If you're handy around the house, you might be considering installing your own laminate flooring. Laminate is a great DIY project. It isn't as complicated as some other flooring options. It also doesn't require a ton of special tools. However, the most challenging part of putting down laminate for many people is actually due to issues with the subfloor. We've checked with flooring experts to figure out what these problems are. For example, does a floor have to be level for laminate flooring?
The subfloor must be level for proper installation of laminate flooring. Other steps to correctly put in laminate floor include:
- Prepare the subfloor and work area.
- Cut the trim around doorways to match the new flooring.
- Measure the room to plan out the rows, including the first and last row.
- Cut the planks as necessary to fit the first and last rows.
- Install the underlayment.
- Install the first row, and then continue with each subsequent row.
Keep reading to learn more about just how to make sure the subfloor is ready before you begin. First, we'll cover why the floor has to be even and what you can do if it's not. We'll also cover the use of underlayment—is it really necessary? And finally, we'll let you know just how much you can expect to shell out if you need to address the problem of an uneven subfloor.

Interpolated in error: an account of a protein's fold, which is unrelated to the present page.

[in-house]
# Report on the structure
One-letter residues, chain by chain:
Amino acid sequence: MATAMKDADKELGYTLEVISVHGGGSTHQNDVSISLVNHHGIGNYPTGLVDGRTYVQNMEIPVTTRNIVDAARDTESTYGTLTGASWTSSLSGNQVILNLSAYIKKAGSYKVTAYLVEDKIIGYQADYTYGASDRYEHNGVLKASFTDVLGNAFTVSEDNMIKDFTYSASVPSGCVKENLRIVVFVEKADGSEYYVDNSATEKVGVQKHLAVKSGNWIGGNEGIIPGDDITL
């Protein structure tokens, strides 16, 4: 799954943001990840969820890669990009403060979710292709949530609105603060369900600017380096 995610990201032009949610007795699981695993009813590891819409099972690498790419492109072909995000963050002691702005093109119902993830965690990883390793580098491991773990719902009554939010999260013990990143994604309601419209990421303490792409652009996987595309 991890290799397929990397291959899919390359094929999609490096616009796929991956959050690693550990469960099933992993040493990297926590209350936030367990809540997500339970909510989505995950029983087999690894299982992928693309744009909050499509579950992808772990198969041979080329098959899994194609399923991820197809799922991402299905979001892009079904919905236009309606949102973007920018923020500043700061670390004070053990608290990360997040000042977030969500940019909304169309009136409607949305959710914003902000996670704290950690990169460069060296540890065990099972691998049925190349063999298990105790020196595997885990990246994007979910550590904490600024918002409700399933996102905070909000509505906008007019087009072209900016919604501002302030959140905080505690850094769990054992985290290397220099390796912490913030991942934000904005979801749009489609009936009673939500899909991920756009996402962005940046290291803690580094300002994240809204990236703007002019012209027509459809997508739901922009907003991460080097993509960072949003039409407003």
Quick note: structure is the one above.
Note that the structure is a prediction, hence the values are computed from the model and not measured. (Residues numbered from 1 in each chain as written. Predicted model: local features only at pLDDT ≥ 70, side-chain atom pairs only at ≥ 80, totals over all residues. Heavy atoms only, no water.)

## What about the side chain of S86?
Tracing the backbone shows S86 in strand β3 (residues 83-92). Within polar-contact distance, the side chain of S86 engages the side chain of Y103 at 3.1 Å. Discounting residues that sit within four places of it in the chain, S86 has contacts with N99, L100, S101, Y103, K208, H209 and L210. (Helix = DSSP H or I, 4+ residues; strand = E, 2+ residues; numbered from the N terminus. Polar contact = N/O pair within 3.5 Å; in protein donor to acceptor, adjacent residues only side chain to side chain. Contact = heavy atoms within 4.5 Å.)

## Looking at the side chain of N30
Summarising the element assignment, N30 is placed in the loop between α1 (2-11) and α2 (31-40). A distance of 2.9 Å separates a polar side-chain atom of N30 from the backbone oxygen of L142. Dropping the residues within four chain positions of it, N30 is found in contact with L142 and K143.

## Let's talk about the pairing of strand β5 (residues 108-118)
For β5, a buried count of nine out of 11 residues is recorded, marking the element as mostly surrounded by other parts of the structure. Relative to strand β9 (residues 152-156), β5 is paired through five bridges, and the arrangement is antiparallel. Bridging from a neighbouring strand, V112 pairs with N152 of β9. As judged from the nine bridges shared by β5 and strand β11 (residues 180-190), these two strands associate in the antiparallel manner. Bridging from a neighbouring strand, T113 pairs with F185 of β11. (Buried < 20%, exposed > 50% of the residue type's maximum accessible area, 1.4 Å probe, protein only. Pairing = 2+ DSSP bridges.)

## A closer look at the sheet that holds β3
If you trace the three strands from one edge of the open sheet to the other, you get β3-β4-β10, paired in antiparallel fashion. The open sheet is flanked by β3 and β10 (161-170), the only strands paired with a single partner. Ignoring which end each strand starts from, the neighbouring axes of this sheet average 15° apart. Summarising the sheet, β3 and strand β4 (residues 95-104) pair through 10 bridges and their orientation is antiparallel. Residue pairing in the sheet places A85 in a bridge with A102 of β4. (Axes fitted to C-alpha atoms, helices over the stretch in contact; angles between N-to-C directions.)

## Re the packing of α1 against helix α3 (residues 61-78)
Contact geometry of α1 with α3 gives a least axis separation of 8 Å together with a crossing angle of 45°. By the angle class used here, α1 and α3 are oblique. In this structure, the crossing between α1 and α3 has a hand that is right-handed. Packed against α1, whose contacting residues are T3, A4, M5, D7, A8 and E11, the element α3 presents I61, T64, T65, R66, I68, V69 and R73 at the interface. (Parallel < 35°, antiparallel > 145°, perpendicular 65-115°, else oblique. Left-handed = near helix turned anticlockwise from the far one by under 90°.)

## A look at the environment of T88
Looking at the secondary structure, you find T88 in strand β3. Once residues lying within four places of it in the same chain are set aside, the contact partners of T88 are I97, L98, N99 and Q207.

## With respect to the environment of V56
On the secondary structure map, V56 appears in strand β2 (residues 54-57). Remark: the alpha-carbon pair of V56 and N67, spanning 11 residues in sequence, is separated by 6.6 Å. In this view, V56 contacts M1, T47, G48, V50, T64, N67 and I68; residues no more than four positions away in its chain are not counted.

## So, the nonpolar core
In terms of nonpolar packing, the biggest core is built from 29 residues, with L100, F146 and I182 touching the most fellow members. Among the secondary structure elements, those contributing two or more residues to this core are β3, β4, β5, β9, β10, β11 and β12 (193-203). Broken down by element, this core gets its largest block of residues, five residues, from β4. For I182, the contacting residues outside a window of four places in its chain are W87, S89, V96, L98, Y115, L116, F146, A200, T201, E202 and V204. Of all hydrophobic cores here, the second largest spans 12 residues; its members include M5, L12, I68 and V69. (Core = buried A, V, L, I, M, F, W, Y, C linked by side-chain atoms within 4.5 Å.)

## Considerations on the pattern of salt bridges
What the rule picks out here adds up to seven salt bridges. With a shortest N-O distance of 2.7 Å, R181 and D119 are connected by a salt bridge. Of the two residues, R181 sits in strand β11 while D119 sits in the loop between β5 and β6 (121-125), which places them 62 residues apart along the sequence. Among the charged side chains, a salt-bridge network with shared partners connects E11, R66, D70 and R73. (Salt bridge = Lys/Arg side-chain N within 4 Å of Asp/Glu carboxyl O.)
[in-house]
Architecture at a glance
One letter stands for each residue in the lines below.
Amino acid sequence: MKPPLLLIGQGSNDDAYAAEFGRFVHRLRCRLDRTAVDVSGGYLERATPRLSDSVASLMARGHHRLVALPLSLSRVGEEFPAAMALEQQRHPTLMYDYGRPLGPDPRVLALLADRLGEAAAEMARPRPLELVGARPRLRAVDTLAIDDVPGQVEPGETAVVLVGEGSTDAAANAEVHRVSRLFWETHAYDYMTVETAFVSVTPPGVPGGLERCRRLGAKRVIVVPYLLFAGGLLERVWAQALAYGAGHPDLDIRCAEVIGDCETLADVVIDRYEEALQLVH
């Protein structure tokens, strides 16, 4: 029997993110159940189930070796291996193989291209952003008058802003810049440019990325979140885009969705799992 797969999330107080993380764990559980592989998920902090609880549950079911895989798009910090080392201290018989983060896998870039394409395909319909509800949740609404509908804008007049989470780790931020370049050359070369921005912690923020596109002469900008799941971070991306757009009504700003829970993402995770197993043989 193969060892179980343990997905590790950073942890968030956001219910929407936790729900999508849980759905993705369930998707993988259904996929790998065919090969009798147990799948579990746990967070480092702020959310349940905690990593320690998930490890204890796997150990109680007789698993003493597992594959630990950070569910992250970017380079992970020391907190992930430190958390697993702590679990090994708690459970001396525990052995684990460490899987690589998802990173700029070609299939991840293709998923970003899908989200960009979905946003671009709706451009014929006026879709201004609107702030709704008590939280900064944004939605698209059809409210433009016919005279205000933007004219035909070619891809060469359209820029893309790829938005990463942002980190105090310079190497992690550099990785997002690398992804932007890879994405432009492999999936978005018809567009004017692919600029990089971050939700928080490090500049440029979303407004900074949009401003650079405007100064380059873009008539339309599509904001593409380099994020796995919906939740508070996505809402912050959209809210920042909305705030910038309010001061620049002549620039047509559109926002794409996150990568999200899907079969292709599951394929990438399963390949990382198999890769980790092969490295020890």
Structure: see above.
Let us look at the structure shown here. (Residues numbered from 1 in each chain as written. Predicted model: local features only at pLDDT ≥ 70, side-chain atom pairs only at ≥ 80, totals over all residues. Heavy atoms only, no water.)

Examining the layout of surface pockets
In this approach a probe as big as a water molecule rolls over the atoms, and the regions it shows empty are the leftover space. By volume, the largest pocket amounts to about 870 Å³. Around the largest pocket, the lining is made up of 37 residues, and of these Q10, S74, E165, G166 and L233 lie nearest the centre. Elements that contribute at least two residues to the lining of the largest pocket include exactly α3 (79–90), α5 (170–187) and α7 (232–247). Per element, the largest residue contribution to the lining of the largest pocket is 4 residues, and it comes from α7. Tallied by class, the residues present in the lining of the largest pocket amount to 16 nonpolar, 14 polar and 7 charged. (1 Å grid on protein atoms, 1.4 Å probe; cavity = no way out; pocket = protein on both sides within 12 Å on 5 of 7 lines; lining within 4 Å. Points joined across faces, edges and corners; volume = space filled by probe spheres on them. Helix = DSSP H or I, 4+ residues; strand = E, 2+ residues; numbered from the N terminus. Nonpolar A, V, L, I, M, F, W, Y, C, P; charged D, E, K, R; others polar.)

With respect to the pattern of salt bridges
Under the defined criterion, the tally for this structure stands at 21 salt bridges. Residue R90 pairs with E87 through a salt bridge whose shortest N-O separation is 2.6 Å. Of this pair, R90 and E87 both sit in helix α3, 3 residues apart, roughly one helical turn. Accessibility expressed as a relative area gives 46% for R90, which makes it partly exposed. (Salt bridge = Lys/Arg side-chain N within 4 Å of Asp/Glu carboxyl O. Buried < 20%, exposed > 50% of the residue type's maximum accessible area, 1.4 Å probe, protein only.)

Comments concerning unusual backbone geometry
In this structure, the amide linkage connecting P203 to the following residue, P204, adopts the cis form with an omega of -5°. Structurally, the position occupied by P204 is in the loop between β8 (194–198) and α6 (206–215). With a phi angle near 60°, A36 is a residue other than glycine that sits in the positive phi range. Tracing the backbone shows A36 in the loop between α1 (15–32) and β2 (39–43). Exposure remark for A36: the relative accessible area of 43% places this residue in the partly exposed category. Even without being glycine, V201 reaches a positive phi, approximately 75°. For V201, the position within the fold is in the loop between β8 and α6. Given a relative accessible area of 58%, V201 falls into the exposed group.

How To Prep The Subfloor
To get the subfloor ready for installation, there are several steps:
- First, remove baseboards and molding; also, remove the existing flooring.
- The subfloor must be solid—use a patching compound to fill in any gouges in concrete floors.
- The subfloor must be clean and solid—for example, remove any nails or other debris. Replace any broken or damaged boards in a wooden subfloor.
- Determine whether you need to level the floor. You can use underlayment to address minor uneven spots. If the floor is too irregular, this needs correcting before you lay the new flooring.
What Happens If You Put Laminate On An Uneven Floor?
Warping and buckling can occur when you lay laminate on an uneven floor. As the boards settle, they might even begin to come loose. In addition, the locking system that holds the laminate boards together can be damaged or break as they flex due to improper installation.
An uneven floor can also be noisy. If you've ever walked across a floor that groans, pops, and knocks when stepped on, it probably had an uneven surface. Air trapped in the pockets left under the flooring cause the noise.
How Do You Level A Wood Subfloor For Laminate Flooring?
First, make sure that any joists that the wood rests on are even. If the joists are installed unevenly, the subfloor will naturally be uneven. This problem needs to be corrected before any further action is taken.
Then, you can install shims to raise the necessary parts of the floor. Add them to the joists in the low spots, measuring until it's relatively consistent. Conversely, you can also sand high spots until the subfloor is even. An alternative method is to use plywood of varying thicknesses. Measure and install the plywood as appropriate so that the overall finished surface is level.
Concrete can be fixed in a similar method, grinding or bead blasting the high spots down. Next, use a patching compound to raise the low spots. If the whole floor is uneven, smooth it out with a self-leveling concrete compound.